Climatic Change

, Volume 38, Issue 2, pp 133–157

Natural Climatic Variability as an Explanation for Historical Climatic Fluctuations

  • B. G. Hunt

DOI: 10.1023/A:1005375116985

Cite this article as:
Hunt, B.G. Climatic Change (1998) 38: 133. doi:10.1023/A:1005375116985


The question as to whether the climatic anomalies associated with the Medieval Warm Period and the Little Ice Age can be attributed to natural climatic variability is explored in this paper. The output from a 500-year run with a global climatic model is used for this purpose. The model exhibits multi-decadal variability in its climatic outputs, which appears to have many of the characteristics of observed climatic data over the last millennium. Global distributions of surface temperature associated with peak warming and cooling phases of the model run highlight the spatial variability which occurs, and the lack of synchroneity in the response from region to region. Considerable year-to-year variability occurs in temperature anomaly patterns during the warming and cooling phases, indicating the complexity of the responses. The model results suggest that such climatic phases should not be considered as lengthy periods of universal warming or cooling. Comparison of observed time series of land surface temperature for the northern hemisphere for the last 500 years with model output indicates that most of the observed features in this climatic record can be reproduced by processes associated with internal mechanisms of the climatic system as reproduced in the model. While the model results do not exclude the possible contribution of external forcing agents as a contributing factor to these climatic episodes, the perception is that such agents would enhance existing naturally-induced climatic features rather than initiate them, at least for this time frame. Given the omnipresent nature of natural climatic variability, it is assumed that such variability rather than external forcing agents has primacy in generating and maintaining the underlying observed climatic variability. An understanding of the mechanisms and behaviour of such climatic features is becoming of increasing importance, in view of their possible role in modulating future climatic trends given the expected influence of the greenhouse effect.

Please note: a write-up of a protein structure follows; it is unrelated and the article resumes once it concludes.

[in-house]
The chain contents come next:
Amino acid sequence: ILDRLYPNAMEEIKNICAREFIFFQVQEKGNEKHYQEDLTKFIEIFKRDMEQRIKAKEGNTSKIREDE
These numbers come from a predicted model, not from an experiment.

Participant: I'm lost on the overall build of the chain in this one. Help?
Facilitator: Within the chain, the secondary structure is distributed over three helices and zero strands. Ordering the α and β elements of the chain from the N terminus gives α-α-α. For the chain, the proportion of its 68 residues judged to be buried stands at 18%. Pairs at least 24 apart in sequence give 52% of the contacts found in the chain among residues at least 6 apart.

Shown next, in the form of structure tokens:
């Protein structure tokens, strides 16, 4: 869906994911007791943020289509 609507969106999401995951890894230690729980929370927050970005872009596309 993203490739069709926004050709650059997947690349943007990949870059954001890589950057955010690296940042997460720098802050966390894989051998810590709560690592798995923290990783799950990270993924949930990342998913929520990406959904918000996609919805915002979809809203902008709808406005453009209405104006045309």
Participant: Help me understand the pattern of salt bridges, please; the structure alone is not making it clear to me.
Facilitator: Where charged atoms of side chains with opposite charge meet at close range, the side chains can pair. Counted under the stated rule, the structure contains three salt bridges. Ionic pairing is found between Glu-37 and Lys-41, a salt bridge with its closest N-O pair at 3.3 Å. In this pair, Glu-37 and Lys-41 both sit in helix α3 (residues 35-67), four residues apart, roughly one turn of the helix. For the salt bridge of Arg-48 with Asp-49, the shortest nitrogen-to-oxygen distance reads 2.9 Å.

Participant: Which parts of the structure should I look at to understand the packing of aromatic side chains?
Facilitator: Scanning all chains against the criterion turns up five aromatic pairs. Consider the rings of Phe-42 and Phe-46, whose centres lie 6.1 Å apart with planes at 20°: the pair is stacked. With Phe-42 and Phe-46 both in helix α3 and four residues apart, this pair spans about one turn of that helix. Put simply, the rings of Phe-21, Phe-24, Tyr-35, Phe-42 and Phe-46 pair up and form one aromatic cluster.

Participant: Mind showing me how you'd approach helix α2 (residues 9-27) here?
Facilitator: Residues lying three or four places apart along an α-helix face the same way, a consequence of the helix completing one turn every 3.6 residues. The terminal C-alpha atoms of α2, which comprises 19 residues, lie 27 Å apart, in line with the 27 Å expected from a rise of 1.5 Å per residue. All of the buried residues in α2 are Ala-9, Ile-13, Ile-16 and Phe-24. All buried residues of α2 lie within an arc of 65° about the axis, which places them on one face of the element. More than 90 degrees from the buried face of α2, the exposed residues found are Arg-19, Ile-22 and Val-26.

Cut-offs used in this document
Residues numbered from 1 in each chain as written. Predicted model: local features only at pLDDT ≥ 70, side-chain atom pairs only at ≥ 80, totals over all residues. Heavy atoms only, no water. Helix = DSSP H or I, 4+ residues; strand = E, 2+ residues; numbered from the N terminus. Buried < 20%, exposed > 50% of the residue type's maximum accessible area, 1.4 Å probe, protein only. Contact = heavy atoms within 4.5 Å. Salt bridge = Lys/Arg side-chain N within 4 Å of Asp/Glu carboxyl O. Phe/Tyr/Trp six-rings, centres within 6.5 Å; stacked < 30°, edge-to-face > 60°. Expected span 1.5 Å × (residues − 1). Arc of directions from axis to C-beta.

Copyright information

© Kluwer Academic Publishers 1998

Authors and Affiliations

  • B. G. Hunt
    • 1
  1. 1.CSIRO Division of Atmospheric ResearchPMB1AspendaleAustralia